Manifest Artist in Residence
Shelby Shadwell is currently an Associate Professor in the Department of Art and Art History at the University of Wyoming. Born and raised in Springfield, Missouri, Shelby spent most of his years in the Midwest. In 2003 he received his BFA from Washington University School of Fine Art in St. Louis, where he studied printmaking and drawing as a Kenneth E. Hudson Scholar. He accepted a fellowship to attend Southern Illinois University Carbondale and went on to graduate with an MFA studying printmaking and drawing in 2006.
A two-time recipient of the Visual Arts Fellowship from the Wyoming Arts Council, Shelby actively exhibits across the nation. He received the First Place Award in the International Drawing Annual 9 from the Manifest Creative Research Gallery and Drawing Center in Cincinnatti, Ohio where he also had a solo show in February 2013, and he is included in a total of five INDA publications. He was awarded a solo exhibition in the APEX Space at the Portland Art Museum in OR in 2016, and his work is included in their permanent collection. Coming up, Shelby has a solo exhibition scheduled at the South Bend Museum of Art in the spring of 2021 and a research sabbatical scheduled to begin in the fall of 2021 (which he is spending at Manifest as an artist in residence).
Creative Statement VISCERAL
"I am making drawings of gut piles from game animals such as pronghorn, deer, and elk. The work is a natural progression from previous creative research exploring personal and collective fears/anxieties. An impetus for depicting these subjects is my interest in the ethical implications involved around the act of hunting and in the consumption of animals more generally. My aim is to be visually poetic, drawing attention to conflicts in the human condition and asking viewers to question preconceived notions on all sides of these and adjacent issues.
I continue to examine ideas of low and high status in artistic subject matter as well as normative experience. These drawings may illicit feelings of disgust or revulsion and awe or ecstasy simultaneously due to the contrast between the vulgarity of the imagery juxtaposed with its meticulous rendering resulting in a kind of reverse sublimity. There is a connection between the works' form and content in terms of fragility. Charcoal, made of once living things, is a tenuous medium at best, prone to structural decay over time, while animal viscera, left in the field, is absorbed back into the ecosystem almost overnight. Both are deeply ephemeral concepts in relation to life, death, and the precariousness of existence. I am also challenging tropes in western art more broadly by depicting these animals from the inside out as opposed to the idealized versions one sees in most portrayals through history. Instead of documenting the hunt through a traditionally posed picture, I choose to display more ignored aspects of the animals bodies in a symbolic attempt to let as little as possible go to waste.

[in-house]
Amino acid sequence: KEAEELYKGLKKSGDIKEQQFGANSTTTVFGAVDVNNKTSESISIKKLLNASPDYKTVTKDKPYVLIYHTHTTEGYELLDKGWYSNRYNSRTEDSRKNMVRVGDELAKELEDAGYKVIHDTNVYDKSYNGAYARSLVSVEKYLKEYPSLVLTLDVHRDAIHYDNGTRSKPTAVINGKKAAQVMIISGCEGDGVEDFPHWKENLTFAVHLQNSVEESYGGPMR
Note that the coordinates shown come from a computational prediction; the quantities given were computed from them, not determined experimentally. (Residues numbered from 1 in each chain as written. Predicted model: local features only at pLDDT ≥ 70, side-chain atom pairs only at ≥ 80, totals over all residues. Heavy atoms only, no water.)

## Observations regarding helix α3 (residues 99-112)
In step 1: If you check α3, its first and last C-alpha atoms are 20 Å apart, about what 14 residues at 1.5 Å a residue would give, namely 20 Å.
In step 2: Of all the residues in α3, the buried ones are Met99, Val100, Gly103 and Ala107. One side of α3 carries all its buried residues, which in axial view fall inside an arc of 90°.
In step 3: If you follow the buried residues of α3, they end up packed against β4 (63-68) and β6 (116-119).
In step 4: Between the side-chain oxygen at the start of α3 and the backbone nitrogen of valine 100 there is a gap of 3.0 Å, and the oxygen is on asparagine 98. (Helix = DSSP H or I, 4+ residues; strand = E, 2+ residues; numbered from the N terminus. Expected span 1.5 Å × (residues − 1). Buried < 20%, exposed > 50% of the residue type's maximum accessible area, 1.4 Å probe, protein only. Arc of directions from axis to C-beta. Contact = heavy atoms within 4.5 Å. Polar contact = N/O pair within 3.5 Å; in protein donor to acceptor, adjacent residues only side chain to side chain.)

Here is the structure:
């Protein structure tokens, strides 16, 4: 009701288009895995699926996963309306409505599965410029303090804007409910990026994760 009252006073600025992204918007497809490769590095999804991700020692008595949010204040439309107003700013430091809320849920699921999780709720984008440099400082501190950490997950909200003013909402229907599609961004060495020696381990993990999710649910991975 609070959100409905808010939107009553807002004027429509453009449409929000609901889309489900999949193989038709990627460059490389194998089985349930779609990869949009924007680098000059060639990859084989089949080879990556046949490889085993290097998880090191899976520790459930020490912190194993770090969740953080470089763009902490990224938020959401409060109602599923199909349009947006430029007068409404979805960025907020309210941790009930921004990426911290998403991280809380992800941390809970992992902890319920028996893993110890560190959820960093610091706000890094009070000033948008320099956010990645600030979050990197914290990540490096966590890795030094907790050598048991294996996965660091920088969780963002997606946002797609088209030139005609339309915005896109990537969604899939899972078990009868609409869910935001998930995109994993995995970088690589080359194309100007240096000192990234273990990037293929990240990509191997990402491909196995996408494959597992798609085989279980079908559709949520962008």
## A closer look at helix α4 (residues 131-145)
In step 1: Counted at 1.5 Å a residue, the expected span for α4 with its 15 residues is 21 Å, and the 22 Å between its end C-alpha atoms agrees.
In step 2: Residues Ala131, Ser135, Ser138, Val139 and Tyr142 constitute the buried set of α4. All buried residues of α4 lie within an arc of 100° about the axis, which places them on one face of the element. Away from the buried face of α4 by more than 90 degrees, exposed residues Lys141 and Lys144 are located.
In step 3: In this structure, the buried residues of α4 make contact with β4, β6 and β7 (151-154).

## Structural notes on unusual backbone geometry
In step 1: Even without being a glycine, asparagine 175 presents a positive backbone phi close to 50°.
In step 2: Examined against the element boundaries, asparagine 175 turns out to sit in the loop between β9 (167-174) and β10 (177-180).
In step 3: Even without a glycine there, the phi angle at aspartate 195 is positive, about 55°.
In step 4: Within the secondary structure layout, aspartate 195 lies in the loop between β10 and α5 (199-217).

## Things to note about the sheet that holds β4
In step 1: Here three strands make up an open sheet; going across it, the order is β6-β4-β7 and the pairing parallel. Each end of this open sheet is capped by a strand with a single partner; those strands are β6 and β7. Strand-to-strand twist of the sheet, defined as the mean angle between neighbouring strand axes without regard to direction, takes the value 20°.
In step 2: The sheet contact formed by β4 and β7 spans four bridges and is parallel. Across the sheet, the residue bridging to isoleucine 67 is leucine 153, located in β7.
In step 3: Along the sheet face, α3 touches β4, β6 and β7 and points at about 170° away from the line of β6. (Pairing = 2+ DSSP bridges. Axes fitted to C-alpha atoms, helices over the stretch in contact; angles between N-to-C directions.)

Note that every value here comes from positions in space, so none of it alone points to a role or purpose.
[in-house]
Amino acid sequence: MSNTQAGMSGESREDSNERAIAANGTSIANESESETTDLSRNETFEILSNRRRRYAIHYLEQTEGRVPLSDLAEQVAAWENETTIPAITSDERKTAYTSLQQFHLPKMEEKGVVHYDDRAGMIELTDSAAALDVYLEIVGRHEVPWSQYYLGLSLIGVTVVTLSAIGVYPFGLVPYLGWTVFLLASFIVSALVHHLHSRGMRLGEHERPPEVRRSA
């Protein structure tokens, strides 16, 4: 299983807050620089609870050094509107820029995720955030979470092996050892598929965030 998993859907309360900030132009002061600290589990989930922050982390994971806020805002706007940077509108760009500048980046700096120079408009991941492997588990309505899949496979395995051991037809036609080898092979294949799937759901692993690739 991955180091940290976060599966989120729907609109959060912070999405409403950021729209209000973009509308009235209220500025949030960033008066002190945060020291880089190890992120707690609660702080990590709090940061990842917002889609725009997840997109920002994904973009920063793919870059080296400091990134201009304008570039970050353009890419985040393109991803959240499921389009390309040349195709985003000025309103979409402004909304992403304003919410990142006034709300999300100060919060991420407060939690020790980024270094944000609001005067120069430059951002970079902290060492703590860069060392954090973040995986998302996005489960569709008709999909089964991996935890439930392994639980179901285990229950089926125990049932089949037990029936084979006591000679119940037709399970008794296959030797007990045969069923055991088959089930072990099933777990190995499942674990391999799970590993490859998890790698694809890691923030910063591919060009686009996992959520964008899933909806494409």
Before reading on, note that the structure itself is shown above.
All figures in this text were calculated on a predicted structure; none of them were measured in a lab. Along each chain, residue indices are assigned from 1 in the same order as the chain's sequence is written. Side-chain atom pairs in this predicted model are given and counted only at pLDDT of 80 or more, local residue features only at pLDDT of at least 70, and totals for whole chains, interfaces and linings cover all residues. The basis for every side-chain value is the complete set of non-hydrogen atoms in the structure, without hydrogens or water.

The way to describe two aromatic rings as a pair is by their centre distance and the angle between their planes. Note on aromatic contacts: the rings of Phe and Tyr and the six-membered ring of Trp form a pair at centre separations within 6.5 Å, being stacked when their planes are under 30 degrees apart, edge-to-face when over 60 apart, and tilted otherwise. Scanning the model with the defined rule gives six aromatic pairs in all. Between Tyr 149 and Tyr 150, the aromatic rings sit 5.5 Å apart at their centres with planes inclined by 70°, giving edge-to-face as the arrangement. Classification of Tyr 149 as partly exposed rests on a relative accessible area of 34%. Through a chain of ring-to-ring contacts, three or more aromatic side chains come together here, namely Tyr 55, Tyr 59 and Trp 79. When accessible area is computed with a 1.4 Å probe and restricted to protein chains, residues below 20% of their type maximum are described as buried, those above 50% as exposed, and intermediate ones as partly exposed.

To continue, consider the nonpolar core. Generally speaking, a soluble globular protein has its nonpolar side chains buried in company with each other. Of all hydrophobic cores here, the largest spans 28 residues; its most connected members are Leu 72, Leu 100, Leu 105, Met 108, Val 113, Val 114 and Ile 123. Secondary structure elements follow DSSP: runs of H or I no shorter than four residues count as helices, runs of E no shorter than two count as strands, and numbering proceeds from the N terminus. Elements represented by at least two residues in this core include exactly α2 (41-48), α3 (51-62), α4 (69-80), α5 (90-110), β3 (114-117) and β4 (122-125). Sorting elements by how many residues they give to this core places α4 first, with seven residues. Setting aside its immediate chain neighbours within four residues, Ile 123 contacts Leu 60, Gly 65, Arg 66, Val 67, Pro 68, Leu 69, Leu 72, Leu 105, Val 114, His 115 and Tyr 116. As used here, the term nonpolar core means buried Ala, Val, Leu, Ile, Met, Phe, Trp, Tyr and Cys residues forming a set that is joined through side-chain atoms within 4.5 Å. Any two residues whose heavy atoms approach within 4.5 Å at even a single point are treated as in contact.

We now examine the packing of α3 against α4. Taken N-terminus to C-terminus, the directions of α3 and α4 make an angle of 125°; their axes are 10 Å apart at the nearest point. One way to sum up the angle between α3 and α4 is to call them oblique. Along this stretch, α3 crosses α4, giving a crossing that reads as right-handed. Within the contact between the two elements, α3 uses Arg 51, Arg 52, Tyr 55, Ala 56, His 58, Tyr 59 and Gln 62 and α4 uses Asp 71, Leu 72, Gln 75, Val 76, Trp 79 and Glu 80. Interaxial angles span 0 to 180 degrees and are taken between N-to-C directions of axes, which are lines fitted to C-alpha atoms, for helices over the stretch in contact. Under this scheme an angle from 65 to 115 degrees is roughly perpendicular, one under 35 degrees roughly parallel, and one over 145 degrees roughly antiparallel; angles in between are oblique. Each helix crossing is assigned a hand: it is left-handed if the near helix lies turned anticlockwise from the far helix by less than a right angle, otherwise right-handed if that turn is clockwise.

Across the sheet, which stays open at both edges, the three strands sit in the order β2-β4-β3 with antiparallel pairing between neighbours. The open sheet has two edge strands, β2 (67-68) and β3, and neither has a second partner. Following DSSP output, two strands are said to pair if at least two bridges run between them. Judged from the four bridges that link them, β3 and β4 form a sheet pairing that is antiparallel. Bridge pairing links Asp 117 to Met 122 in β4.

Creative Statement - Untitled / AUNIVERSAL PICTURE
"In these large-scale drawings, I am formally exploring the visual tensions between representation and abstraction, as my observed subjects, masses of black plastic trash bags, piles of cockroaches and sculptures of diapers invoke the sensibility of a Rorschach test for viewers to contemplate. On a conceptual level, it cannot be denied that these subjects also have in common connotations of disposability, decay and, most notably, repulsion, especially for me, as they are manifestations of personal fears and anxieties. The drawings themselves are meticulously rendered to convey the opposite, to be objects that are sumptuous and attractive for the audience, and the act of rendering those things in such scale and detail is a form of individual catharsis. The inherent contrasts between light / dark, representation / abstraction, and attraction / repulsion may call into question what we value in art and in a broader cultural context. I believe that my work fits into the ongoing dialogue that elevates the mundane, the ephemeral or the vulgar to a higher status thereby reflecting parts of society that we often refuse to acknowledge in the mirror of traditional norms.
Observational drawing is a very direct way to have this conversation with the viewer with additive and subtractive methods of applying charcoal and other abrasive materials on paper and other substrates being the most economical and meditative process for me. The title for most of this body of work, AUNIVERSAL PICTURE, comes from my only slightly tangential interest in horror films, Universal Studios being one of the more prominent institutions that shaped the modern monster media landscape. The figures in my work are an attempt to both create and destroy what is monstrous to me."
The images pictured at right are a sampling of those submitted with Shelby's application.
As Manifest Artist in Residence Shelby will be based out of our MAR West Studio at the Gallery on Woodburn Avenue.
See more and learn about Shelby's work here:
Information on how to apply for future SIR or MAR awards can be found here.